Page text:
What is the difference between low-code and no-code platforms?
Different core designs and user interfaces
No-code platforms usually have a preset user interface (UI), which provide limited opportunities for customization. In contrast, low-code platforms are more reliant on hard code to create and customize the app’s core architecture, which in turn offers more flexibility in terms of UI and business processes that can be handled.
No-code solutions cater to citizen developers
Because no-code software doesn’t require coding, it is possible to use them to quickly create corporate applications. However, this can risk shadow IT scenarios, where apps are created without proper supervision or consideration, leading to security concerns, compliance problems, integration issues, and poorly designed apps.
Low-code software serves both business users and developers
Some experience in programming is needed to use low-code programs. For instance, businesses may need to alter the back-end code in an API so an app is compatible with other company software. As such, business users and developers can either work together to create apps, or the developer can go it alone. This allows business personnel to be involved without risking shadow IT situations, while also enabling developers to build apps simply and quickly.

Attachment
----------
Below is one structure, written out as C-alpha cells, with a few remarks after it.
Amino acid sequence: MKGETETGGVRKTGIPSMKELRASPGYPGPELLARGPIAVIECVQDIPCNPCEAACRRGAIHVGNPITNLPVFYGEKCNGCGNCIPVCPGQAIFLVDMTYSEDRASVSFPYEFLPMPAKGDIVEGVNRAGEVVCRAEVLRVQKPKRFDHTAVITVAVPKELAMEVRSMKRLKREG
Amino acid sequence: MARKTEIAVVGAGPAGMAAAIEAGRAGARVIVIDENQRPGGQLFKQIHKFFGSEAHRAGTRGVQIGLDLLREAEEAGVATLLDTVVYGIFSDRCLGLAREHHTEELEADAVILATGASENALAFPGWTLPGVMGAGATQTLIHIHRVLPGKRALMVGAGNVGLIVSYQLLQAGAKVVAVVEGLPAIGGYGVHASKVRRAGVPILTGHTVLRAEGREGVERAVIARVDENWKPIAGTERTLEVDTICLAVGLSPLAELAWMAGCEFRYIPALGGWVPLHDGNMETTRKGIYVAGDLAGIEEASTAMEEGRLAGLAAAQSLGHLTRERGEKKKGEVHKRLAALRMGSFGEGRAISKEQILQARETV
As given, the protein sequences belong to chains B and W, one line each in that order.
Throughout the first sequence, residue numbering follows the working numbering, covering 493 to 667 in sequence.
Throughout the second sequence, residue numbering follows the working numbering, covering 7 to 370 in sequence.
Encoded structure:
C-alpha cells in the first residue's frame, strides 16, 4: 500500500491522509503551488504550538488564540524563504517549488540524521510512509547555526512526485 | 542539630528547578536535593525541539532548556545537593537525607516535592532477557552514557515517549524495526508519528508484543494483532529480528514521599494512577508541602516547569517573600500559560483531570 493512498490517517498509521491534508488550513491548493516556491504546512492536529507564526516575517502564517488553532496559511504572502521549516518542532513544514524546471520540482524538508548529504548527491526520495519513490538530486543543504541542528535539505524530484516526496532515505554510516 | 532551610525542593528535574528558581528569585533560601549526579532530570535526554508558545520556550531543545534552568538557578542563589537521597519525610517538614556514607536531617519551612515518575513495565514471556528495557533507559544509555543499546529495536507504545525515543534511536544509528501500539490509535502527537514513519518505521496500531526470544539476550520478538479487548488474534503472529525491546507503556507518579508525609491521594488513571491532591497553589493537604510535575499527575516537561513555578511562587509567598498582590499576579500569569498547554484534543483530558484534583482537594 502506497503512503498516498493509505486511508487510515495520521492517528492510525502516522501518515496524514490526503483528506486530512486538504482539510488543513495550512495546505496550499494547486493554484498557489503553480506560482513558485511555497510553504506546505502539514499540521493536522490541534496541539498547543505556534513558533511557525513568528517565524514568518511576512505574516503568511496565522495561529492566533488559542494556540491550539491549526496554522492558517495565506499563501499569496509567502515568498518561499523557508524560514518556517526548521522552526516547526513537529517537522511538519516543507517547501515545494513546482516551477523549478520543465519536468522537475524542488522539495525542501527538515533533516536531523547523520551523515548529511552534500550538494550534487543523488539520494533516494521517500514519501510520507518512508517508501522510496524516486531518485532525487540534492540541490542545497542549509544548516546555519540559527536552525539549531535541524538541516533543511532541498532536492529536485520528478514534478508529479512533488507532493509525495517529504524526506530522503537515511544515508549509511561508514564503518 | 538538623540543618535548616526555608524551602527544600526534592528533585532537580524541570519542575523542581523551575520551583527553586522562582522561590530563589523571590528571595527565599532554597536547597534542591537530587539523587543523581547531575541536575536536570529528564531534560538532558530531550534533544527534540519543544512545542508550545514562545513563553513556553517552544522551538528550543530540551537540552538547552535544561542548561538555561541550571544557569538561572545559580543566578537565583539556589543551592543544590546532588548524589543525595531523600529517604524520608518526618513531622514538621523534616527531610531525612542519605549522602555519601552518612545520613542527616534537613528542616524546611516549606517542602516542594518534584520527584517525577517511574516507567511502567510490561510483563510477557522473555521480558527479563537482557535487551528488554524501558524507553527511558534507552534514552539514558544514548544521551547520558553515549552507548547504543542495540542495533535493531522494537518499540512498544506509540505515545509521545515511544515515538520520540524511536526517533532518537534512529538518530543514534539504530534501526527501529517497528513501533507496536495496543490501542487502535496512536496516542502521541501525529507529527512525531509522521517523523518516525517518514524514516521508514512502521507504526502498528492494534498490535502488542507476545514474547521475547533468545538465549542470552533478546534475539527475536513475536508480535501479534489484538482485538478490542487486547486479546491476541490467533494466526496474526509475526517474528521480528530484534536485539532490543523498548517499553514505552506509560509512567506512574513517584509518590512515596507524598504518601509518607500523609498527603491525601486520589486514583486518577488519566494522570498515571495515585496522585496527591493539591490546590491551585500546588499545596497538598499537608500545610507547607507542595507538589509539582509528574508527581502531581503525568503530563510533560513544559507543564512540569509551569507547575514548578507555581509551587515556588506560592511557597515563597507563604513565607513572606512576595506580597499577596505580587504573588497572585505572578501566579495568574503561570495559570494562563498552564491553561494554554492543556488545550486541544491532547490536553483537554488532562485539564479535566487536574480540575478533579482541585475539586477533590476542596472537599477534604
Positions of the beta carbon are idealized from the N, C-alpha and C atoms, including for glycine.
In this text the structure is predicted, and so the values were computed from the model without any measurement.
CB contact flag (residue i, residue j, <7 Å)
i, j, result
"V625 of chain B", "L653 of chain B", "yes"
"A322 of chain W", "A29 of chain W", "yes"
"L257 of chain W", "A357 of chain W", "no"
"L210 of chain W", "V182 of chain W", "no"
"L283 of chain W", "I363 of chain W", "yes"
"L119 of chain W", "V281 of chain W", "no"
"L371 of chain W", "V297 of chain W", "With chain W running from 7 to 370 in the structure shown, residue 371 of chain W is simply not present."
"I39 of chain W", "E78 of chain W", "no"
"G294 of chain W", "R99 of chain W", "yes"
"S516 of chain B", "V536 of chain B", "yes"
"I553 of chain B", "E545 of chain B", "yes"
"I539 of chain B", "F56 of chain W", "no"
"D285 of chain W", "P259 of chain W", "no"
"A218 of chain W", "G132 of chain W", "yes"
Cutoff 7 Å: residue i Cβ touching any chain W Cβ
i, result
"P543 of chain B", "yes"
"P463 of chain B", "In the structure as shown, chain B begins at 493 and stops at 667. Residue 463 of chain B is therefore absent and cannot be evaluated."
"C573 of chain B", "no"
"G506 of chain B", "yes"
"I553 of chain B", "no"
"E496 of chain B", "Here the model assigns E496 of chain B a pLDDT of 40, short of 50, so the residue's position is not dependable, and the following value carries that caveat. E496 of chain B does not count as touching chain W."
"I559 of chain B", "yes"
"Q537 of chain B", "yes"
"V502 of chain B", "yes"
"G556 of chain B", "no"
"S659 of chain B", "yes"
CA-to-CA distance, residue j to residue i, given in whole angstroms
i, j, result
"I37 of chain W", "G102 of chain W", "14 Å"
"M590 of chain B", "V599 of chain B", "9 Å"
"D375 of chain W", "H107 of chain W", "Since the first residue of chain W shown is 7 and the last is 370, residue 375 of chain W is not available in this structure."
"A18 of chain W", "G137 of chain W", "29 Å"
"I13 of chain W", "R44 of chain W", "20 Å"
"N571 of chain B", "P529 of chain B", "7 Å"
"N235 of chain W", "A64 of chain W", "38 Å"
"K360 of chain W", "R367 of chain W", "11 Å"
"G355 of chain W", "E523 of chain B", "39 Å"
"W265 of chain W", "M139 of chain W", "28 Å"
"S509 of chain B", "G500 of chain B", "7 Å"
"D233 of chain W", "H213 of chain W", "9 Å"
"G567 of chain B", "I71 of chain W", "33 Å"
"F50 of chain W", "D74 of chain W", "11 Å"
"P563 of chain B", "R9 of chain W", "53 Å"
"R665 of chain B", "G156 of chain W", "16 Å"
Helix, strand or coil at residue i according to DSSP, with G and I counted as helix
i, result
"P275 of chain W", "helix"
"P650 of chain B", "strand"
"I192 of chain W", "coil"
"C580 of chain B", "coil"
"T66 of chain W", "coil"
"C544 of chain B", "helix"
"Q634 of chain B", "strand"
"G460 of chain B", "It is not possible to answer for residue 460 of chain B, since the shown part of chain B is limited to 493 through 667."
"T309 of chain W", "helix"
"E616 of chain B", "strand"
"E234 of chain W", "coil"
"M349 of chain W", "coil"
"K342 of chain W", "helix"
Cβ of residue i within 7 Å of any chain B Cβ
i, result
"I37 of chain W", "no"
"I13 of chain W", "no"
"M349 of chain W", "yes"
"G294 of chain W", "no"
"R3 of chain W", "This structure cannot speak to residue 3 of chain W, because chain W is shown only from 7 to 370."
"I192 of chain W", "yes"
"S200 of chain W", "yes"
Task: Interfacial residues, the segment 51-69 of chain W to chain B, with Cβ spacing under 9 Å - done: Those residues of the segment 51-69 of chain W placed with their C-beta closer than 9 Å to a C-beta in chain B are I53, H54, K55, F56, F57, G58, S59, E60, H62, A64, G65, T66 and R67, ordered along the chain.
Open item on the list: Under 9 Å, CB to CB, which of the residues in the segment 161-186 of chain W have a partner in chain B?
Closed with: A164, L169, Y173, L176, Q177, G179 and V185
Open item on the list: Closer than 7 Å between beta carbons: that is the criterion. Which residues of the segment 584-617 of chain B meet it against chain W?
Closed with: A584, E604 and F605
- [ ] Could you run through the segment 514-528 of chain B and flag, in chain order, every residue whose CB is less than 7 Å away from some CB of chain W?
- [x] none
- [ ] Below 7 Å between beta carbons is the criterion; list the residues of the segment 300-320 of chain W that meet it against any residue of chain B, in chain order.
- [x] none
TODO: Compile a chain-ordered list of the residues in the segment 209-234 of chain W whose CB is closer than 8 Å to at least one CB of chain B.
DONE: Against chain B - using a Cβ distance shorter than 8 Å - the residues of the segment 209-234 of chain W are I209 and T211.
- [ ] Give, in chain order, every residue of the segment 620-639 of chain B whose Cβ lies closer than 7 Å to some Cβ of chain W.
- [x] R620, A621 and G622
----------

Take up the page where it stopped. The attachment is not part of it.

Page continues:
Low-code vs no-code: Which solution is best?
Use low-code for mission-critical applications
The greater sophistication and customizable nature of low-code platforms makes them much more suitable for mission-critical applications. For example, EASA lets you design interfaces which are more elaborate and intuitive than your typical column-row format. It can also be integrated with other programs including databases and CRMs, and used in scenarios such as proposal generation and financial modelling. It also offers extra capabilities such as process automation and workflow management.
No-code is suitable for basic applications
No-code platforms are much better for creating smaller, more basic applications for reporting, tracking and analytics within a single department. Unfortunately, most no-code tools can’t build apps that scale well or integrate with other software, and they are also unsuitable for building apps for users outside of a business. As such, there’s little scope to make them appealing for consumers, and the potential for security and compliance issues is far greater than with low-code platforms.